Most Phillies fans are unison in extending Hamels, unlike the aftermath of the preceding reference circa 2009. My hope in finding a multitude of asinine comments condemning the move isn't that of an Andy Dugresne(I had no idea it was spelled that way). Those comments right now are saved for the trade Lee, Victorino, Pence, Polanco, and even Halladay debate. Throw in some Kyle Kendrick and there's plenty of material for another day.
I'm a bit torn with the deal. On one hand, I realize that means sacrificing another part of the team(most likely Victorino) but on the other, Hamels is a terrific, under-30 pitcher on a team that can no longer afford to look back now. In my head, I can quick calculate the deal may be a slight overpay. But just as quickly, I can just attribute some of that overpaying comes with there being fewer 4.5-6.0 win pitchers.
Tom Tango over at The Book projects Hamels' contract as break-even value wise. However, there's a twist of negativity with the inherent higher risk of injury that comes with pitchers.
Personally, I think the cost per win over the years will be closer to a flatter 7 to 8 percent average than what Tango did here. I am also curious on using my own WAR projections using estimated FIP decline given the aging curves for pitchers of Hamels' ilk. Something similar to the recent pitching aging curves post on Fanraphs. If I knew SQL better, it would be much easier.
Year Wins $/W Worth
2013 5.0 $5.00 $25.0
2014 4.8 $5.25 $25.2
2015 4.5 $5.57 $25.0
2016 4.1 $5.95 $24.4
2017 3.6 $6.43 $23.2
2018 3.0 $7.01 $21.0I started at 5 wins, and dropped by 0.2, 0.3, 0.4, 0.5, 0.6 wins each year.
I started at 5MM$ per win, and increaseed it by 5%, 6%, 7%, 8%, 9% each year.The total came in at 143.8MM$.I’m not saying Cole Hamels WILL do all that. I am saying this is what the Phillies are paying for. If the cost per win is higher, and will accelerate faster, Hamels doesn’t have to do as much.Anyway, under these assumptions, Cole Hamels has to generate 25 wins. He’s pitched in just about six full calendar years already, and in those six years, Fangraphs shows Hamels with 25.4 wins, while Baseball-Reference shows him with 25.7 wins.In order for the Phillies to break-even here, Cole Hamels has to basically continue to pitch into his early 30s as he has pitched since his early 20s… and not get hurt.Did I mention Cole Hamels is a pitcher?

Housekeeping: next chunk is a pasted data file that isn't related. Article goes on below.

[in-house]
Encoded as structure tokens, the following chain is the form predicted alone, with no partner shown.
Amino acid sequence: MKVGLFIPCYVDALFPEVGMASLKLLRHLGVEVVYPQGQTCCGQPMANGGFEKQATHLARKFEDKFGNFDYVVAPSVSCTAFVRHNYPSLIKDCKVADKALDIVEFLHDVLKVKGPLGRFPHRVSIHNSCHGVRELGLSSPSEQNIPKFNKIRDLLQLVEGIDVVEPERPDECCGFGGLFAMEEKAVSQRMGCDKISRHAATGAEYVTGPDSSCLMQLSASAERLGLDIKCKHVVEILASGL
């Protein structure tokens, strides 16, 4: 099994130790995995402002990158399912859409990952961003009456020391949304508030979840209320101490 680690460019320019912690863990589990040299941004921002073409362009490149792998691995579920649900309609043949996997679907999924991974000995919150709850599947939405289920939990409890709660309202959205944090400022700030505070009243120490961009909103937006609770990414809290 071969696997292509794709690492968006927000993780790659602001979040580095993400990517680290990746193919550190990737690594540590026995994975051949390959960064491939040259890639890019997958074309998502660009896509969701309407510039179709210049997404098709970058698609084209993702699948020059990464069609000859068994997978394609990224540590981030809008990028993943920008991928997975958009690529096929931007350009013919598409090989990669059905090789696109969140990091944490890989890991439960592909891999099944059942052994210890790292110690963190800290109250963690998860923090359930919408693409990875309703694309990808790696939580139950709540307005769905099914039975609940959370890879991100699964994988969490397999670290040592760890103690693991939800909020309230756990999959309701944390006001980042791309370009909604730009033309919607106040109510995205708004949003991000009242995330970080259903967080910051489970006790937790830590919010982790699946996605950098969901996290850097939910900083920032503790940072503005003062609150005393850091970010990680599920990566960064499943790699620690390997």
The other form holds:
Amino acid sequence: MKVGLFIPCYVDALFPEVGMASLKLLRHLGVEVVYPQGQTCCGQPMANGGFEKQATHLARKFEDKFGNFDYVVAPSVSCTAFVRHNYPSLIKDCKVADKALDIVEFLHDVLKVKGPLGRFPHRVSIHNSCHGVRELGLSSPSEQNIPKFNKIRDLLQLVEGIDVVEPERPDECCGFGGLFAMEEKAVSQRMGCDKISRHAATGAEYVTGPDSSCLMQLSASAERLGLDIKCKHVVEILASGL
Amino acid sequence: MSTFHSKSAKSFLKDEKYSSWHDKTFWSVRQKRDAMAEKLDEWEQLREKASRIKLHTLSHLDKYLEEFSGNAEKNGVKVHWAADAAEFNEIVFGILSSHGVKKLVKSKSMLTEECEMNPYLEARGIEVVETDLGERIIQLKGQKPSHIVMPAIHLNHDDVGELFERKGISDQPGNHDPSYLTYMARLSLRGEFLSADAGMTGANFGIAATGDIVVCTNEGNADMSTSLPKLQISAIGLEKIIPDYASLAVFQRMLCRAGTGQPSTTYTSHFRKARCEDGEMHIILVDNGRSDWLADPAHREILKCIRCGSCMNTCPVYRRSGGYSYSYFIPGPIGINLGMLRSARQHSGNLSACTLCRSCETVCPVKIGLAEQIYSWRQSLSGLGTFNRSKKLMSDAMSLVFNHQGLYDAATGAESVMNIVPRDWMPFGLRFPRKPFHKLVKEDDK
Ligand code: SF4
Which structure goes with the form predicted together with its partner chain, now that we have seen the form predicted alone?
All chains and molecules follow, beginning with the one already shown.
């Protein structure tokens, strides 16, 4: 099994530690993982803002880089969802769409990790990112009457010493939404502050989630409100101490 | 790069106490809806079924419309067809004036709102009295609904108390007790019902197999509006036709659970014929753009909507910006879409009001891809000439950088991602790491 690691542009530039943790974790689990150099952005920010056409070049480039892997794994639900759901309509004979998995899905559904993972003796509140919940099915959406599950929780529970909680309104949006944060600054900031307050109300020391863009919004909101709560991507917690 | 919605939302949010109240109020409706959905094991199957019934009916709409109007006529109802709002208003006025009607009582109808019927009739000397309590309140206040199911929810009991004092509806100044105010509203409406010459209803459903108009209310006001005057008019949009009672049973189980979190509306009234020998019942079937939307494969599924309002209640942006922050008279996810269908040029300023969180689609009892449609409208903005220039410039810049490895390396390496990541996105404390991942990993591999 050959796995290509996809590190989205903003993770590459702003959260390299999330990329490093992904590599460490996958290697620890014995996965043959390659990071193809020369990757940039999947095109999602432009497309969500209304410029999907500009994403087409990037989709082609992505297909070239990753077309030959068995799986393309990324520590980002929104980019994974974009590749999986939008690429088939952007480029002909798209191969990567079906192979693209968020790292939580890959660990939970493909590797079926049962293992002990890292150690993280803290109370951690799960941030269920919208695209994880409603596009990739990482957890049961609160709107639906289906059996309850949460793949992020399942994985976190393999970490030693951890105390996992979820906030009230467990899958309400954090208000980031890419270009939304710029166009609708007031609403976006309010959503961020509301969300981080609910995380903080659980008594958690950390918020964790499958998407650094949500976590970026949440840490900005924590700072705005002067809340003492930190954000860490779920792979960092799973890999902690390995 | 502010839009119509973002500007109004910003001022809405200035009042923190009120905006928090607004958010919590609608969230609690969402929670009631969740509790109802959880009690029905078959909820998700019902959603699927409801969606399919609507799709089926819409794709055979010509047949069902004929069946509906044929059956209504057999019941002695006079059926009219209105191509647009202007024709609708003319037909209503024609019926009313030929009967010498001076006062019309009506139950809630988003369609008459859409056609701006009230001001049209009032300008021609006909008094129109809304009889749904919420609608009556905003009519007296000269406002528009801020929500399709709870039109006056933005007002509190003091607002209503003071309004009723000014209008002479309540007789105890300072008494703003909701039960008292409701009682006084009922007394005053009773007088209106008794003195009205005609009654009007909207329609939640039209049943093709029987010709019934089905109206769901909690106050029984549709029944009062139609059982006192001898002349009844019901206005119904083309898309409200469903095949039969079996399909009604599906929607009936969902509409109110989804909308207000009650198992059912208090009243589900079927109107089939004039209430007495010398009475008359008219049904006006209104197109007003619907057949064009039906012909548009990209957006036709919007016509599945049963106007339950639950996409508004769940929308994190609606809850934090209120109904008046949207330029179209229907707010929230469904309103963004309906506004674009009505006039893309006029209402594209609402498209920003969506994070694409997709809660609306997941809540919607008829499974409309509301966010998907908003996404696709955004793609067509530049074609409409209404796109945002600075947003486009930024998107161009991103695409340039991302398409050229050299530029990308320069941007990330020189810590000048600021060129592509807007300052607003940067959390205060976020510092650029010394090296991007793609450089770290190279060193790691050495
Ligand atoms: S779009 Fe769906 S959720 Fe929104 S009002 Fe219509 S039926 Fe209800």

Dave Cameron at FanGraphs looked at more from more of a market point of view, comparing it with other pitchers' deals.
So, for this to be an overpay, you have to believe that Hamels is not actually a premium pitcher. And, really, the only way to come to that conclusion is if you still judge pitchers by wins and losses.Furthermore,
In that situation, backtracking on the commitment to win with this group isn’t really an option. You can’t make that many win-now moves at the expense of your future, and then decide that you went too far and it’s time to pinch pennies. In the Phillies situation, only two decisions make sense – keep trying to win as many championships as possible until these guys can’t play anymore, or tear the whole thing down and start over. Letting Hamels go in the interest of fiscal prudence is trying to cross a bridge you already burned to the ground.
Sabermetric-friendly Phillies blog, Crashburn Alley was very positive of the deal.
This contract extension is arguably the best move of GM Ruben Amaro’s career and one that will be met with near-universal praise. Phillies fans should be thrilled that Hamels will continue to don red pinstripes through at least 2018, continuing his legacy, and the Phillies will be in a prime position to attempt to compete again as soon as 2013. In a time when the Phillies are sellers for the first time since 2006, today is a very good day for the Phillies and their fans. Cole Hamels will be around for a long, long time.Of course there isn't a whole lot of competition on the mantle for Ruben Amaro's best moves.